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Public Health History

image of the Roberts Mills building

The Robert Mills Building opened in 1828 as the sixth state supported mental asylum in the United States. The Mills Building became the home to DHEC Health Services central offices in 1988.

This history of public health in South Carolina is a fascinating story. Since the earliest days of the colonial period, people have worked together for the common good to confront deadly diseases. Before the discoveries of microbiology in the mid-1800s, quarantine and sanitation were the basic tools for preventing the spread of epidemic disease. Public health grew as a practical approach for protecting the health of the population. Advances in knowledge of the causes of disease and in the technology to prevent and treat diseases were applied in very practical ways. Changes in health status were often dramatic, when public health measures like pasteurization of milk, vaccination, improved water supply and wastewater disposal, or prenatal care were introduced.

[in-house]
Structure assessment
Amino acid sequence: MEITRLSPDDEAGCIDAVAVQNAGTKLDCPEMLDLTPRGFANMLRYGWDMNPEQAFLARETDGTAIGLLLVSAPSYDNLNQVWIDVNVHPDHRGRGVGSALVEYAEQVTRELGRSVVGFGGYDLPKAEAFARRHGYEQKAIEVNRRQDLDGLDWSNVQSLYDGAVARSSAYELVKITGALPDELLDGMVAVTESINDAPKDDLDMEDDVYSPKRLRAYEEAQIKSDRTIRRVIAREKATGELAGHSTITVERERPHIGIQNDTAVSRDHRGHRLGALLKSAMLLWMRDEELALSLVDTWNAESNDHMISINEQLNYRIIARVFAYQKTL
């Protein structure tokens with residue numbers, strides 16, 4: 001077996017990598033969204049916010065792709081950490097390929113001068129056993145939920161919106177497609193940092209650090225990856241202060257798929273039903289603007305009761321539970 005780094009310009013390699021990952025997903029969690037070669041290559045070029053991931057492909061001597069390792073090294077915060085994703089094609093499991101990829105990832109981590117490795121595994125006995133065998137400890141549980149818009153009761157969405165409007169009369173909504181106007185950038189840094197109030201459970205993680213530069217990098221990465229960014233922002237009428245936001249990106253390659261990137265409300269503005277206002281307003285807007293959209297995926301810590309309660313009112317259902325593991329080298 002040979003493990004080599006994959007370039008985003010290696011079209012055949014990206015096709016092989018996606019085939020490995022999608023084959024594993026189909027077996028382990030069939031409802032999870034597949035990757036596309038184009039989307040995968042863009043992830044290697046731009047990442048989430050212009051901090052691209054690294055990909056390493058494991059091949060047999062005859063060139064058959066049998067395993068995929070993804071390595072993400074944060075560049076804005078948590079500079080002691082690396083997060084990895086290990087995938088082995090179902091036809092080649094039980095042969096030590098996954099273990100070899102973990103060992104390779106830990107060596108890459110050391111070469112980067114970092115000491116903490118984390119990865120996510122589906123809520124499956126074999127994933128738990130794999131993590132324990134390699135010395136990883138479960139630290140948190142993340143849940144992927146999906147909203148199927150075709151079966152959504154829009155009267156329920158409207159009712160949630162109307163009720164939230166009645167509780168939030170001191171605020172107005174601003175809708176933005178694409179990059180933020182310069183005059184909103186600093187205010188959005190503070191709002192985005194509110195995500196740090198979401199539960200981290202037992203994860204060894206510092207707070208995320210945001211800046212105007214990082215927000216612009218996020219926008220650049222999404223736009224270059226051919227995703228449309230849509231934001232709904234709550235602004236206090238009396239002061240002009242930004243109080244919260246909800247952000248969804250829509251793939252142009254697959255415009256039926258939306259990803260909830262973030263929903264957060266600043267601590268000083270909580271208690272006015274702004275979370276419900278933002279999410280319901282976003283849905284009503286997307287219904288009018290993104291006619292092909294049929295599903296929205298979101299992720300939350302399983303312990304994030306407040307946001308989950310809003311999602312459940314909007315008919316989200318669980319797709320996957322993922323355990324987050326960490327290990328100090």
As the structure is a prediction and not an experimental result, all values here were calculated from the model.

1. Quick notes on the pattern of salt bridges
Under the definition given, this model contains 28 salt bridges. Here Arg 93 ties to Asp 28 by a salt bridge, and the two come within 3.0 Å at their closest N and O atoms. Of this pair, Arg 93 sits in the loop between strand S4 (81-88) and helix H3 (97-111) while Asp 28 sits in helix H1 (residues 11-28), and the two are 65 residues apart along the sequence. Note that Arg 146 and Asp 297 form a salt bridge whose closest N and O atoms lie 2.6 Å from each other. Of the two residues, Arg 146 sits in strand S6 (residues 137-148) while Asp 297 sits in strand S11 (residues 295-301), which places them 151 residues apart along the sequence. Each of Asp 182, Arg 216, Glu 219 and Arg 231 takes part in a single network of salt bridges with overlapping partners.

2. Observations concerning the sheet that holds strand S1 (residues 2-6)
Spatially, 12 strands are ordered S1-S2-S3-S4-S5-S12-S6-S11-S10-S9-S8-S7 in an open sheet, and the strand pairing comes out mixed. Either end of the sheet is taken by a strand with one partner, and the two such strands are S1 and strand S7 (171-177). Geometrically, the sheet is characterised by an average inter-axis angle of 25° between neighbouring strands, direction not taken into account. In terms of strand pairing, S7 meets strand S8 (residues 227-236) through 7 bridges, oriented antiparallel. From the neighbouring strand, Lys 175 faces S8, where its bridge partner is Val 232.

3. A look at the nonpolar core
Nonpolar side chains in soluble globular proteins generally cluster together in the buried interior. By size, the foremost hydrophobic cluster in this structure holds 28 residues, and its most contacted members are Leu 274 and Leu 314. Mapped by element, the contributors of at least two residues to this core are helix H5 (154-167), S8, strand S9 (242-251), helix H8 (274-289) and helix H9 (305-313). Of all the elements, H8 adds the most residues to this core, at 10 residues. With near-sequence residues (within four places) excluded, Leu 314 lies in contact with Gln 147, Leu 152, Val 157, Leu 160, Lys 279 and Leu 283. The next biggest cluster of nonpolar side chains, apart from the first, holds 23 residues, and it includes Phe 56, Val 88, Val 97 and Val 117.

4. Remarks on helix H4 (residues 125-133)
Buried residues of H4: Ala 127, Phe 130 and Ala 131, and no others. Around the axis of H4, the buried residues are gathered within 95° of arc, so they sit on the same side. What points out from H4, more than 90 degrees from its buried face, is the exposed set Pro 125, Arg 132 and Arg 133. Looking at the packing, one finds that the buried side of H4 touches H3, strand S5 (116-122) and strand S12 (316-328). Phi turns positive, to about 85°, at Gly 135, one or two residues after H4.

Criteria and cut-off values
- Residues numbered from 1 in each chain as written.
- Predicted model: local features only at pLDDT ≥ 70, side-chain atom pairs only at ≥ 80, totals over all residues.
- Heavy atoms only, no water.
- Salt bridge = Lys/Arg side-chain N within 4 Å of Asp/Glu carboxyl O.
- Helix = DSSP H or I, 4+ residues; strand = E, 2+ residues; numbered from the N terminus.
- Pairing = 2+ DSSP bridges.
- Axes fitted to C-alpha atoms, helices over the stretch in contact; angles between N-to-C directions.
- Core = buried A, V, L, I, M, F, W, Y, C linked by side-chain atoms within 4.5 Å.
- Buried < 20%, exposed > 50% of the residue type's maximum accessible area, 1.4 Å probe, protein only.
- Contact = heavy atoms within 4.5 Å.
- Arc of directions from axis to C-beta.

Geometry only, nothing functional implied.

The history lecture presented here in PowerPoint slides was developed as an overview of public health in South Carolina from its beginnings as an English colony in 1670 to the creation of the Department of Health and Environmental Control in 1973. Please pay particular attention to the links between health and environment, and to the changing perspectives on the causes and prevention of diseases. The story of public health shows how all our decisions have future consequences. These are sometimes good, sometimes bad, sometimes both. The decisions that solved yesterdays problems have changed South Carolina in fundamental ways, and sometimes contributed to today's problems.

Information for this site has been gleaned from agency reports, magazines, and photos, and through several hours in the South Carolina State Library perusing the annual reports of the department director to the General Assembly. Included here are: